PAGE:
23 September 2006

The Man from Waukegan (J P Zabolski)

Waukegan, Illinois, is a small industrial city (population around 65-70k in the ‘60s) on the shores of Lake Michigan, about halfway between Chicago and Milwaukee. Amongst other industries, Johns-Manville and Johnson Outboard had factories there. There’s a harbour, used by small boats and by ships bringing in mountains of gypsum. It’s probably best known, though, as the home of comedian Jack Benny and author Ray Bradbury.

J P Zabolski graduated from Waukegan High School in ‘73, and left home to join the Army.

Ten years later, in ’83, he left Waukegan again (by this time he was out of the Army, had gone around the world twice, and had held various interesting jobs in various interesting countries), this time to join the Marines.

Ten years later, in ’93 (by which time he had left the Marines and emigrated to Australia), he returned to Waukegan for his father’s funeral and to sell the family home.

Ten years later, in ’03, he came back to Waukegan, for the first time in ten years, to spend two weeks walking around town, mulling over the changes in the old neighbourhood, the city, and himself.

Zabolski stops to talk with old neighbours, teachers and friends, hunts down childhood treats he hasn’t tasted in years (such as angel food cake), and visits old hangouts. Each stop reminds him of the past, and his stories of this trip are mixed with reminiscences of things past – movies, television, ROTC and other classes in high school, his parents, hobbies, church.
One year [Sunday school] started issuing out report cards that had to be signed by your parents, like the ones in Glen Flora. They had two grades, one for your studies and one for your conduct. I got an ‘F’ for Failure on both. I hid the report card under our wooden porch through the winter, with the nuns constantly asking where it was. Two weeks before the final day, I brought the shriveled thing to Mom to sign. Mom was not pleased. I had never ever received an F on any real school report card.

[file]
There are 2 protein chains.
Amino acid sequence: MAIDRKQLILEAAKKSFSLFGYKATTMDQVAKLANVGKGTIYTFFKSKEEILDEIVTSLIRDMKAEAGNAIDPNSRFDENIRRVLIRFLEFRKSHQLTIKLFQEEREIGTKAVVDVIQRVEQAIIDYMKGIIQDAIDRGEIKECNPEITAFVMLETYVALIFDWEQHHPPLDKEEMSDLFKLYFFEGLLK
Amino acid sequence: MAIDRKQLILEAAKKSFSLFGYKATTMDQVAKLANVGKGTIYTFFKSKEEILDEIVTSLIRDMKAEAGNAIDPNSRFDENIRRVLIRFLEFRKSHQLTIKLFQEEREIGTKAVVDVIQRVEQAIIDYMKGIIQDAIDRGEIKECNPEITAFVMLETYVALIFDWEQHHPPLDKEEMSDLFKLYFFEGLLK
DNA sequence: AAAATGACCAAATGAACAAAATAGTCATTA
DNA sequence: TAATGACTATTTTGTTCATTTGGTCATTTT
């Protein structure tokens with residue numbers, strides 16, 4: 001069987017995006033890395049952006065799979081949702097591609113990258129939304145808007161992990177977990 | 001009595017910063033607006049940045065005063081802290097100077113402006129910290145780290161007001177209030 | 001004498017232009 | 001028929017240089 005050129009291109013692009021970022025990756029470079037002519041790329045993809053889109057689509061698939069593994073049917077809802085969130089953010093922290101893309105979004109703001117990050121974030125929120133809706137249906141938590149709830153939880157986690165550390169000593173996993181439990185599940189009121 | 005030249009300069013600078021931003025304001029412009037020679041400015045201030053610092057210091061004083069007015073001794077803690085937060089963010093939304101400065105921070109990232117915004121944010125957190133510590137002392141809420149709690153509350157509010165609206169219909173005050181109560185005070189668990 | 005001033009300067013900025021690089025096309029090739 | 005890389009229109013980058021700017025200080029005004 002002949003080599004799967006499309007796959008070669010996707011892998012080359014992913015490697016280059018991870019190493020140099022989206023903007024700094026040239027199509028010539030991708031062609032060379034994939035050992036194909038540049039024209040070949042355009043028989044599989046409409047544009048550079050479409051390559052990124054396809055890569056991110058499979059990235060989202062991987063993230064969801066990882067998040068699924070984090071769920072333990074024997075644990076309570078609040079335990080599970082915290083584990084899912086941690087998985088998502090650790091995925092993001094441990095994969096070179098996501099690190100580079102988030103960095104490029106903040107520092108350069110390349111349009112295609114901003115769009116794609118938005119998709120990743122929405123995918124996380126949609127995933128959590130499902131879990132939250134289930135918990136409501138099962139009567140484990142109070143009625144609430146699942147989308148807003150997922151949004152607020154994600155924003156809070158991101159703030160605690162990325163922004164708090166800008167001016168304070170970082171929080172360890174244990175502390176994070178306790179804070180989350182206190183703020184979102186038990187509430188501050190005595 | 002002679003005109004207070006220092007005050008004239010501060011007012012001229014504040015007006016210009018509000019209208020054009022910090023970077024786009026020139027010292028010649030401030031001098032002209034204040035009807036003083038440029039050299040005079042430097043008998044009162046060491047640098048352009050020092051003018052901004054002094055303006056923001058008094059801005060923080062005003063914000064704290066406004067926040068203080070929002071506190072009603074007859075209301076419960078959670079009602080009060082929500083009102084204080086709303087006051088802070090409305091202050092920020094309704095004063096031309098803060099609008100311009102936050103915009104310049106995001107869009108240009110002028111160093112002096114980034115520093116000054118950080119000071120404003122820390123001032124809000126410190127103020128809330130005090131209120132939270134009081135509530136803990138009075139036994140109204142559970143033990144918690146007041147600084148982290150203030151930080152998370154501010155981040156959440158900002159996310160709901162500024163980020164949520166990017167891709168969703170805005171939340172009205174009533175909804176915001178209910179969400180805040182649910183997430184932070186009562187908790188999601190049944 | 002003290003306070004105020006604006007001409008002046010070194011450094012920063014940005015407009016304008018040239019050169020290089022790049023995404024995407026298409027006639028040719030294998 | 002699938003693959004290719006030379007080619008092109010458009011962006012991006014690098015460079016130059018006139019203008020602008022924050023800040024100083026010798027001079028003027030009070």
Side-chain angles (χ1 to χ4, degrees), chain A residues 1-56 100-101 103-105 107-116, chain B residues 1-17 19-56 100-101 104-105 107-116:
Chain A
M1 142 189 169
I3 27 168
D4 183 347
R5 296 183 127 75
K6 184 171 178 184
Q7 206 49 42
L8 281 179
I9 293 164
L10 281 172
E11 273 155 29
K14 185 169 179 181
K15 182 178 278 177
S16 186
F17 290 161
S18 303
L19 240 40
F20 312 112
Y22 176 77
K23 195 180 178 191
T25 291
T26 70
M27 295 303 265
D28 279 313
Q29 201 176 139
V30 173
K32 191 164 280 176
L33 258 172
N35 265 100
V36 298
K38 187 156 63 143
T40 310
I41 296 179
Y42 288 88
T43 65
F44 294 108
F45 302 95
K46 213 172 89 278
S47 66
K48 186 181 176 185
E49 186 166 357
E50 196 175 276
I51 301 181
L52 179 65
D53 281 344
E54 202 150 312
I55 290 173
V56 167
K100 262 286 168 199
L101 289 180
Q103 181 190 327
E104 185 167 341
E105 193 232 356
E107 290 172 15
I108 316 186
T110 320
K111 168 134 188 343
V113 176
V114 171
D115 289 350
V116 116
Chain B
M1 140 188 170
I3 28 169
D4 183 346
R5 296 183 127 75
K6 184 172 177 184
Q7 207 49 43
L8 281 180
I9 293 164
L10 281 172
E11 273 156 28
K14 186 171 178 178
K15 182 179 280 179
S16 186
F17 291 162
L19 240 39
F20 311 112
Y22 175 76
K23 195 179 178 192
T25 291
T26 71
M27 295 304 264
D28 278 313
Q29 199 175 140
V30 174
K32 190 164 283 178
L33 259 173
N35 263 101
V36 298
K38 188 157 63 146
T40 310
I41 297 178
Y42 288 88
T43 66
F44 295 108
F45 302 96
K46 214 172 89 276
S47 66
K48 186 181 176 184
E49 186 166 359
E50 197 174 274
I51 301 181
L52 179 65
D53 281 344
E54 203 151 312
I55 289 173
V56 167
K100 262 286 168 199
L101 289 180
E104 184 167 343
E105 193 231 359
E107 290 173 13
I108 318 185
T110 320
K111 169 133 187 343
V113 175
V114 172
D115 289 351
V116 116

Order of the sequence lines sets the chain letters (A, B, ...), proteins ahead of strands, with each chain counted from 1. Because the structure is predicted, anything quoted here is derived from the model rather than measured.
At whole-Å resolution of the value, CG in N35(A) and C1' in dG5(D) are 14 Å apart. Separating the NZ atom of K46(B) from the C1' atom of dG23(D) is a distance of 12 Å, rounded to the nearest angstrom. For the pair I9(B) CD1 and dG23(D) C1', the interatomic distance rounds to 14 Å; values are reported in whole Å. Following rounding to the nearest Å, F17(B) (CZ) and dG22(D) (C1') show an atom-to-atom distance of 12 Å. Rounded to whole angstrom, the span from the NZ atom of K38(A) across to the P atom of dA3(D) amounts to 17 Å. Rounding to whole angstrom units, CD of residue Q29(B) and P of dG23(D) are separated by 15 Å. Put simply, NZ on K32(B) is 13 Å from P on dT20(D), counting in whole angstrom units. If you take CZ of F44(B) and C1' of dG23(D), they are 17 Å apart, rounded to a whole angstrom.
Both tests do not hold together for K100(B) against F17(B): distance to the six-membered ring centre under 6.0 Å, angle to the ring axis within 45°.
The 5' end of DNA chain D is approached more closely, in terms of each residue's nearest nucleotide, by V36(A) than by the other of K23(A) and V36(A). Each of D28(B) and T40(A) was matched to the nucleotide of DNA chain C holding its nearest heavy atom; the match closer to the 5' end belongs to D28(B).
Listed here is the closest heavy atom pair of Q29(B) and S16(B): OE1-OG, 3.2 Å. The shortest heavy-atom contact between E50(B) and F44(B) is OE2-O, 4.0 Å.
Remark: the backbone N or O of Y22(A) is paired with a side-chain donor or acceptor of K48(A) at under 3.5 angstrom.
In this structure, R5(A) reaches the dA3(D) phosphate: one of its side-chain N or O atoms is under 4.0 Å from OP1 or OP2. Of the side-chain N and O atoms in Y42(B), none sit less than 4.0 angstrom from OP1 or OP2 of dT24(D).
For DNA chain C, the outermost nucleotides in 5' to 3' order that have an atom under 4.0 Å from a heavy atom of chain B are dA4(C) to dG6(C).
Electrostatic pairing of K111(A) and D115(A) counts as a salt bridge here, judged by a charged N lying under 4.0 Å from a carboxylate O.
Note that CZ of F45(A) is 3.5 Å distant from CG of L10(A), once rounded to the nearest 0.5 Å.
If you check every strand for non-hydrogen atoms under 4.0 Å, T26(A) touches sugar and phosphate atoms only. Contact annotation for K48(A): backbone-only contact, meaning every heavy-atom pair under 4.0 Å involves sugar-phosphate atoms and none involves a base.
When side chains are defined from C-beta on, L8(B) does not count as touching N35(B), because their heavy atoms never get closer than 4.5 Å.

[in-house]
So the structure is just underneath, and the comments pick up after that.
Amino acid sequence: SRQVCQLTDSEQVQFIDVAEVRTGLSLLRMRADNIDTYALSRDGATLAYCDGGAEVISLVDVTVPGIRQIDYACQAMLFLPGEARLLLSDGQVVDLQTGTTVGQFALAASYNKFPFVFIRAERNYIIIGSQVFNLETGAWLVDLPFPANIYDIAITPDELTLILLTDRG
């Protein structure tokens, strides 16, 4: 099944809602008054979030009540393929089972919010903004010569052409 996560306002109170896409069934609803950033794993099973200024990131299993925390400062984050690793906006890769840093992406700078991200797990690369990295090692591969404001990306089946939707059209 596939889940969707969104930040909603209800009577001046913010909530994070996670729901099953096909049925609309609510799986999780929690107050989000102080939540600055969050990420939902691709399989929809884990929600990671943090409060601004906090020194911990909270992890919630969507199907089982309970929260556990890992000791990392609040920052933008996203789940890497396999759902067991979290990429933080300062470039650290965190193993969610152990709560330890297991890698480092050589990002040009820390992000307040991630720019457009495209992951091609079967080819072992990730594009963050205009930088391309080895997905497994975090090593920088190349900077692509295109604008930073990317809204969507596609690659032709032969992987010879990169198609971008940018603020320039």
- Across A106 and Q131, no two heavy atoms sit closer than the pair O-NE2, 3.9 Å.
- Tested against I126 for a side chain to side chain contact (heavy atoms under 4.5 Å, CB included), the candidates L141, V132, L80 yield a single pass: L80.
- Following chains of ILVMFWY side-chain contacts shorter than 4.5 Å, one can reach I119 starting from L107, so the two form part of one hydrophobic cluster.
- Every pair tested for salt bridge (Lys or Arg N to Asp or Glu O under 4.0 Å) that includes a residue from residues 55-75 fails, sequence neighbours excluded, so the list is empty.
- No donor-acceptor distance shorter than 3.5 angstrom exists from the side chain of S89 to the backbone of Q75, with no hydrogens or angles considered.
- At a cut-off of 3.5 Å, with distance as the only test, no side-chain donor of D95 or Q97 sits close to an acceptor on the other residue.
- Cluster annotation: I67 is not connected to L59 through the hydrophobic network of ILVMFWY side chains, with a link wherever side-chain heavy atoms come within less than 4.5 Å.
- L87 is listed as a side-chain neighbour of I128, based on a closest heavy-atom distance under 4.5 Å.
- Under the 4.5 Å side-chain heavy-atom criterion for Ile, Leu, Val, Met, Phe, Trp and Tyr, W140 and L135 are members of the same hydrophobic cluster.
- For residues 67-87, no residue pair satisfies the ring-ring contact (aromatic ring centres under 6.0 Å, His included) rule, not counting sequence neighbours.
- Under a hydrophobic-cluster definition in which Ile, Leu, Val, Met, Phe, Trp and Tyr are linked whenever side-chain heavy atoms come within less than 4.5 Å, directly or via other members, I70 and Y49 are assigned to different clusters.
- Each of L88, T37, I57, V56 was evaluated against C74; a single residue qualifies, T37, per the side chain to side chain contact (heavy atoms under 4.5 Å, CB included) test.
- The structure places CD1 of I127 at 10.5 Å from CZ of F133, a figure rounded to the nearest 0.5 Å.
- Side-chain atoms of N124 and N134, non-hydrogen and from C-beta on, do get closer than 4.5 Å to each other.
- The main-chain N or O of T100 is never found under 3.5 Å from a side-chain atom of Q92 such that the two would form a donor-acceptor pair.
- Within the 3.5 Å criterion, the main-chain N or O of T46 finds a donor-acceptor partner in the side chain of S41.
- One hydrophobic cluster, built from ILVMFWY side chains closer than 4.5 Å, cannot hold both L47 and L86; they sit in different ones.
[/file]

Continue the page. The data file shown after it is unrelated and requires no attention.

There have been a lot of changes in the city, but the more things change....

A few doors up Grand Avenue, the house where the female principal of McAllister School for twenty-seven years had lived until she died in 1981 aged 101 was now an antique store. The owner was originally from Savannah, Georgia, and we had a pleasant chat about a variety of subjects. I asked if he’d mind if I sat on the swing on his porch and he was delighted to let me. I love sitting on a porch and watching the world go by.

I had another pleasant romp in the ravines of Yeoman Park before having lunch at the Chuck Wagon. It was still there after all those years, but locals had said ‘the place is run by Mexicans now.’ The sign was the same except that it now said ‘Juan’s’ over the name. Everything else was still exactly the same. Though they had huevos rancheros on the menu, the other food was unchanged. There was a group of four white truck drivers at a table, a friendly black fellow having coffee at the bar, and some amusing waitresses. The hamburger and fries were the same except that there was a wedge of pickle rather than the pickle chips on the plate.

For everything gone or changed in Waukegan, some person from Georgia or Mexico would carry on its traditions.

I’m not saying you should run out and buy this book just because it was written by my best friend (though it was; we've known each other since 1967), or because I’m mentioned in it (though I am). But anyone of about our age, or a little older, or maybe even a little younger, has probably had similar thoughts, especially if (s)he hasn’t been home in a long time.

Heck, I didn’t even like Waukegan that much – I’d come from a much smaller town that didn’t have many more people in it than Waukegan Township High School alone had – but this book brings a feeling of nostalgia that makes me want to go back for a visit.
Cinema-going was always a major part of my life. You’d always go by the cinemas to look at the collection of stills and the exciting posters that would also feature in the Waukegan News-Sun. The price was 50 cents for a child under twelve or $1.50 for an adult, but a double bill of B movies was 35 cents and $1.25 respectively. That meant more money for a 25-cent box of popcorn, or 15-cent drink, candy bar, snow cone, or giant dill pickle. There were also larger drinks, larger candies, and hot dogs.
And I’ve never in my life found a place that serves hot dogs as good as those at the Genessee Theatre were.

"There's no place like home." And yes, sometimes you can go back home again....

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